Jim Newell

The Futureheads

The Futureheads

Poser bands are everywhere now. For a while, I tried to give these wannabes the cold shoulder, but there came a time when avoiding them was no longer an option. Some -- the Strokes, Interpol -- are simply amazing. The Futureh®mueads are no exception. Directly influenced by British post-punk bands Gang of Four and XTC, among others, The Futureheads' debut LP blends in-your-face guitar chops with Barry Hyde's raw vocals. The fact that the Futureheads are the latest in the "Let's Recreate 1979!" parade is annoying, sure. That does not mean, however, that they're untalented -- they rule. Seriously.

Jon Levin



I had been listening exclusively to jazz, haughty prick that I was, when a friend introduced me to D'Angelo's Voodoo. "You must hear D'Angelo," he said. "It's like Al Green meets hip-hop." D'Angelo was indeed worthy of the hype. His soulful falsetto, in its finest moments, evokes R&B's forefathers. On the slow-groove "Send It On," D'Angelo channels a sound so rich, so mature, it rekindled my bygone faith in popular music. As long as albums like Voodoo are recorded, I can never fully regress to my station as a jazz prick. Verily, I shall never again lose faith in soul.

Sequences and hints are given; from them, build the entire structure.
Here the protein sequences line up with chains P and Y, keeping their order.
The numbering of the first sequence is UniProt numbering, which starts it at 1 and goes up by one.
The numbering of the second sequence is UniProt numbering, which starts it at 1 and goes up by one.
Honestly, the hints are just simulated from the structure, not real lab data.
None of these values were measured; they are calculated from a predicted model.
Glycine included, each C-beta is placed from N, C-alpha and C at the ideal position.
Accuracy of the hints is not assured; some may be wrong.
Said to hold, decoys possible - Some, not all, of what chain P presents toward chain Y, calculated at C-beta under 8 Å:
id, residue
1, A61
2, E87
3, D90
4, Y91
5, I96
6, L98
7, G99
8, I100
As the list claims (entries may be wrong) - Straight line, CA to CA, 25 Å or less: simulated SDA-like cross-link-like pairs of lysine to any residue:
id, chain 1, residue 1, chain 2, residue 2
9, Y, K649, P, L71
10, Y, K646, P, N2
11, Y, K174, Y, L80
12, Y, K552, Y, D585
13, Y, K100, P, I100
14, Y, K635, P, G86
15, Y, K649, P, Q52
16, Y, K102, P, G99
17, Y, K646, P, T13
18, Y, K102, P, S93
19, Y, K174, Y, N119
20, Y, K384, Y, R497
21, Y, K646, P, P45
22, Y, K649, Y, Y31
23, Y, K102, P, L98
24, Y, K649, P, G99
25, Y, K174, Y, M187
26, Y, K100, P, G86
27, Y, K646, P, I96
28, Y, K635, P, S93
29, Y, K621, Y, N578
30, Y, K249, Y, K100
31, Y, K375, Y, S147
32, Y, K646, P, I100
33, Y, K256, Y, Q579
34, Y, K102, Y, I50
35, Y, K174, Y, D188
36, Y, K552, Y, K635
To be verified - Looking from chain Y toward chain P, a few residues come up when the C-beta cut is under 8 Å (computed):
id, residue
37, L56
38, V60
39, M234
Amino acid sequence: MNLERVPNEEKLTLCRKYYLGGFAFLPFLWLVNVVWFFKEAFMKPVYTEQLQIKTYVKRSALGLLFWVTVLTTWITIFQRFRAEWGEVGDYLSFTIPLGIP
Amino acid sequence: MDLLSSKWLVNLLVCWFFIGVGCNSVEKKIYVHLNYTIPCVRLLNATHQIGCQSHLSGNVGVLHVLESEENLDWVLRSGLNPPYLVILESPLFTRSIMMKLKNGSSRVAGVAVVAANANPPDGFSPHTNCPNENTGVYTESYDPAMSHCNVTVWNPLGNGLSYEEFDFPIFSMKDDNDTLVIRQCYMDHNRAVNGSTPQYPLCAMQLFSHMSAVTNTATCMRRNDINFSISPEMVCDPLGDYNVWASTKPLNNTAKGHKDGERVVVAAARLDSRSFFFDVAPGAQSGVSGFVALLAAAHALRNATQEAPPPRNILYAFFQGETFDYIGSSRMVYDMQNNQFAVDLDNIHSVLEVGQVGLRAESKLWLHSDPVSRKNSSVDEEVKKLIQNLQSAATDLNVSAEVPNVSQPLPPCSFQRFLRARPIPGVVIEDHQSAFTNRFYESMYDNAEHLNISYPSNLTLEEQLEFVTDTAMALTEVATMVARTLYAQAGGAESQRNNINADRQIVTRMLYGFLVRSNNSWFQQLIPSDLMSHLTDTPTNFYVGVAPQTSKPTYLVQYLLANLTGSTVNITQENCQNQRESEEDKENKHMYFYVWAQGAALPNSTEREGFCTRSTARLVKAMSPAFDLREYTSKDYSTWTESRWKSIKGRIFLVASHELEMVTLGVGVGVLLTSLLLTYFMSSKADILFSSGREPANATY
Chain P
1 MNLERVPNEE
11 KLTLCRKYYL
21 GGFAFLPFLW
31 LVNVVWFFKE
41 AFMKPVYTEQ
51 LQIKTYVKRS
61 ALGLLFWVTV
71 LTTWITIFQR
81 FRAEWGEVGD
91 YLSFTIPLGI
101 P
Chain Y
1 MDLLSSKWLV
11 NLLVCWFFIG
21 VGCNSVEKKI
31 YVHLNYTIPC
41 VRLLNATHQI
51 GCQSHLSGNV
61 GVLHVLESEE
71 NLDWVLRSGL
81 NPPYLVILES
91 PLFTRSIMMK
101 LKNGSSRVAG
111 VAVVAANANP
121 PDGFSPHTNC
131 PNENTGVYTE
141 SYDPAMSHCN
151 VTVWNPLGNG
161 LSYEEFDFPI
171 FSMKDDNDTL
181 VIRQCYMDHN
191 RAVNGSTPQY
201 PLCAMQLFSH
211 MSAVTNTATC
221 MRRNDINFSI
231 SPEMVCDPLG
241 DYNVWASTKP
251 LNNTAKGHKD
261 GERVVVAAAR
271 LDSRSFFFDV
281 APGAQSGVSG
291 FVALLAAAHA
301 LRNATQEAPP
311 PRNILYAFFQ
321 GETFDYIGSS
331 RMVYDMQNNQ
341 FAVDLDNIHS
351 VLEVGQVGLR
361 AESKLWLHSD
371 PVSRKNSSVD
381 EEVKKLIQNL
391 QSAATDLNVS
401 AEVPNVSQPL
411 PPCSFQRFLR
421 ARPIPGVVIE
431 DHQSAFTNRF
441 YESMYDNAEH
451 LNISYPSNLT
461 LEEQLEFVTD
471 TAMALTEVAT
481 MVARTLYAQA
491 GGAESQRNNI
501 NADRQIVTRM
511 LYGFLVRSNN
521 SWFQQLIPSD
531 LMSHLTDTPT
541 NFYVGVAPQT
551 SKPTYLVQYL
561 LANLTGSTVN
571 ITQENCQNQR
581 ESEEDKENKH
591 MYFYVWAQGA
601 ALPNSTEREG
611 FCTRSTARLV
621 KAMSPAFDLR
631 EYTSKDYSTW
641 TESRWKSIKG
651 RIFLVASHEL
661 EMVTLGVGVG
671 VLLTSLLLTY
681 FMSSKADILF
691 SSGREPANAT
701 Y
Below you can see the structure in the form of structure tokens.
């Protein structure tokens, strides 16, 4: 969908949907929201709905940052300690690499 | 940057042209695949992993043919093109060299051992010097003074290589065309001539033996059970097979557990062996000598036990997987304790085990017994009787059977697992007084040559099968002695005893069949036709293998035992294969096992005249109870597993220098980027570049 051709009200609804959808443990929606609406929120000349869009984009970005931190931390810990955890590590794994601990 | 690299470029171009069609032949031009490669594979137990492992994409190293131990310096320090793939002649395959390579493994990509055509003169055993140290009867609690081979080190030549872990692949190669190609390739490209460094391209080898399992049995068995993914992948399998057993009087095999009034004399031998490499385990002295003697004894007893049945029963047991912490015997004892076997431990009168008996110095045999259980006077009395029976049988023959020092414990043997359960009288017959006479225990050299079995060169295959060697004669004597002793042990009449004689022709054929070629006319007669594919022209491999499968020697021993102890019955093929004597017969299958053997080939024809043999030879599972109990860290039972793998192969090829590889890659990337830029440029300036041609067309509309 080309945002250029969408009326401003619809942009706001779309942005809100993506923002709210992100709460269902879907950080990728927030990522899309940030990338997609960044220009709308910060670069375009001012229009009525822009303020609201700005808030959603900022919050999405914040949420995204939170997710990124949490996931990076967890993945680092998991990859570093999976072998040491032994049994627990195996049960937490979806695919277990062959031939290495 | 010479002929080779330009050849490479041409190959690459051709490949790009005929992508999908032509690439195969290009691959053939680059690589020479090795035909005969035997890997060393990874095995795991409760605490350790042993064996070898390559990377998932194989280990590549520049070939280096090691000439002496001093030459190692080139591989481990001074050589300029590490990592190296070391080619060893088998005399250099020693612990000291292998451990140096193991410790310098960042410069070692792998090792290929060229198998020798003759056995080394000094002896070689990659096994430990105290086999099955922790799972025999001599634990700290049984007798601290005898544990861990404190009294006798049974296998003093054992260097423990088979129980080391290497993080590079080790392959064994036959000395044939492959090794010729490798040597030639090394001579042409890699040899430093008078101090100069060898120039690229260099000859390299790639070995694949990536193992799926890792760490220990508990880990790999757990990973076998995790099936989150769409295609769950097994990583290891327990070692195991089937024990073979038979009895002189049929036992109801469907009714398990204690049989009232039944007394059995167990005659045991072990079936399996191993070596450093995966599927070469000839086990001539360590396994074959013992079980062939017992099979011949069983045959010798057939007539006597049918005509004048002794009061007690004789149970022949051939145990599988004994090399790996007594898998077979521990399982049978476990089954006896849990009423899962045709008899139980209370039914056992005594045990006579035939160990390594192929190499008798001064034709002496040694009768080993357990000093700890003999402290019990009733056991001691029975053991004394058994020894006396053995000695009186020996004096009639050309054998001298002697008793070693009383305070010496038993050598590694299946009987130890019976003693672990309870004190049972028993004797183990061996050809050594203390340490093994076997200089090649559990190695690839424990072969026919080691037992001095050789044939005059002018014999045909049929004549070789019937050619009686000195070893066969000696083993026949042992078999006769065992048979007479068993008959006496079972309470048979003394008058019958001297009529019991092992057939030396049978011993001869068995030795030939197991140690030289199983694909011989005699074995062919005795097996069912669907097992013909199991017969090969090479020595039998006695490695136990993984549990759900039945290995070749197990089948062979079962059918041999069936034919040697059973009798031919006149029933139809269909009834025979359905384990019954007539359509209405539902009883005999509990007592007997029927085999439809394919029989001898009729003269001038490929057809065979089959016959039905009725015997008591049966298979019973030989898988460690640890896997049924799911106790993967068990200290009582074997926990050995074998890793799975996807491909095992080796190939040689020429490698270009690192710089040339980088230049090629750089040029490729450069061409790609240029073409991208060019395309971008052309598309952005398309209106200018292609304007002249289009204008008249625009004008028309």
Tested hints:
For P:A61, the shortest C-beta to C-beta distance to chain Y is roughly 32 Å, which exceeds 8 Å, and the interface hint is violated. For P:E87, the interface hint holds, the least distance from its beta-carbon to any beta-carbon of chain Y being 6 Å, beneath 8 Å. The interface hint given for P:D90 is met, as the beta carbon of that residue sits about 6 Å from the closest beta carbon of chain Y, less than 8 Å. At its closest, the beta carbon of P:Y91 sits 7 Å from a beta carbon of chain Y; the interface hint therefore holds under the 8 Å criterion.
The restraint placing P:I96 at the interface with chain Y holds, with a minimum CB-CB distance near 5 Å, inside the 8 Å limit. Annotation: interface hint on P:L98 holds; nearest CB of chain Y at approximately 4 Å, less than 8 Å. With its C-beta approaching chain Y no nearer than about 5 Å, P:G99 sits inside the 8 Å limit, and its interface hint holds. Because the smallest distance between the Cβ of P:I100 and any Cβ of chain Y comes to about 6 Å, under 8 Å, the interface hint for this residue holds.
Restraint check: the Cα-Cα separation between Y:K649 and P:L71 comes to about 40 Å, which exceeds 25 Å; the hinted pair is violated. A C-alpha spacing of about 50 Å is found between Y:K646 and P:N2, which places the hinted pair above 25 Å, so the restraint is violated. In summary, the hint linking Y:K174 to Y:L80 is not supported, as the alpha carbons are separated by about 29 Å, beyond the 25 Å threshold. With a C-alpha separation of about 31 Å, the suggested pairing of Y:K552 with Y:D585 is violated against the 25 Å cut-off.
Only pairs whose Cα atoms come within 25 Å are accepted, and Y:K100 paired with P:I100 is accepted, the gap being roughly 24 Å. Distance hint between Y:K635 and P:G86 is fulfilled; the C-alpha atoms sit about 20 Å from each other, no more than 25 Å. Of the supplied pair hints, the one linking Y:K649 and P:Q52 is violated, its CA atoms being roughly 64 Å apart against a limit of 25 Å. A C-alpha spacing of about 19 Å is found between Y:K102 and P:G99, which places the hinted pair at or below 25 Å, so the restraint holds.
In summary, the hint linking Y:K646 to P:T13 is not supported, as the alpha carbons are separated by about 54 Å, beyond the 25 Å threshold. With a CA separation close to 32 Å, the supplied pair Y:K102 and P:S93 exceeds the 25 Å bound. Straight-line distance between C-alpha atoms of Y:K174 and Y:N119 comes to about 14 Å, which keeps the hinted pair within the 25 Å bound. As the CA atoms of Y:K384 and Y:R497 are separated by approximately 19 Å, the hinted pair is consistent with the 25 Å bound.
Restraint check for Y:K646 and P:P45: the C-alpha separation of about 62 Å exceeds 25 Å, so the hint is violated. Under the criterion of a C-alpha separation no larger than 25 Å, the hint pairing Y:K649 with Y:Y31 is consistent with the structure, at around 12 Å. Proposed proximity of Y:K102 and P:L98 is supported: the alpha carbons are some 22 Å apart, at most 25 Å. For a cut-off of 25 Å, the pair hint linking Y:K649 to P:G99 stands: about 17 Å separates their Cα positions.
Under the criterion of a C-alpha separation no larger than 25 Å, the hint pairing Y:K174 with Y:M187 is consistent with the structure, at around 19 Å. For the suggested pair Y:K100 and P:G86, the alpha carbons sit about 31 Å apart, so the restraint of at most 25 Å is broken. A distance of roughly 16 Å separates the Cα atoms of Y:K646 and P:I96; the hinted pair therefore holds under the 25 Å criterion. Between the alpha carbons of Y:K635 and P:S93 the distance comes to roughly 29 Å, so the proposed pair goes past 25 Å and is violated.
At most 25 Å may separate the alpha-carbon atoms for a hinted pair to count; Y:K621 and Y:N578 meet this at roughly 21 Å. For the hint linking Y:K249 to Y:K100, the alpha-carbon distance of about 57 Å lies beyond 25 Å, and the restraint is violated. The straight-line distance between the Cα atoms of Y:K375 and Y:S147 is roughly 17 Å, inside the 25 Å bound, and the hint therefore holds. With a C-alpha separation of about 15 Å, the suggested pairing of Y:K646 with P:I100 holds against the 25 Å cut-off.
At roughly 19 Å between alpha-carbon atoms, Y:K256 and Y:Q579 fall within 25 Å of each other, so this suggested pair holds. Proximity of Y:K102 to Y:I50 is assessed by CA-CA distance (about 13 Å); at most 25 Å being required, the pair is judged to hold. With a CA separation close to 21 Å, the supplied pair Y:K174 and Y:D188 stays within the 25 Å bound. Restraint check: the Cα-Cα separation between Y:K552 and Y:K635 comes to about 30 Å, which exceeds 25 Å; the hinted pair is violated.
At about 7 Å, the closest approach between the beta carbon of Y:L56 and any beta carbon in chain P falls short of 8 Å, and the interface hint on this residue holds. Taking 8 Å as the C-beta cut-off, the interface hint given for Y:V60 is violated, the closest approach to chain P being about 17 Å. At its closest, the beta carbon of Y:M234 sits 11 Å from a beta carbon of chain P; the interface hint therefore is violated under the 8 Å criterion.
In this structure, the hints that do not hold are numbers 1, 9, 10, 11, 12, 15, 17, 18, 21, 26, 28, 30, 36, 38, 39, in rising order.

Eugenia Salvo

The Pixies


Frank Black or Black Francis, call him what you want; names don't matter in the world of genius. A few years after the Doolittle album, the Pixies would be over, but before Francis broke the group up via fax they had some major influencing to do. Sophomore album, Doolittle was a step in a more cohesive, pop direction for the group. What works? Everything. The pop hooks, the cryptic lyrics, the energy, maybe even the thought of the drama that would come soon after. And now they're back! Rock on, you crazy bastards. Rock on.


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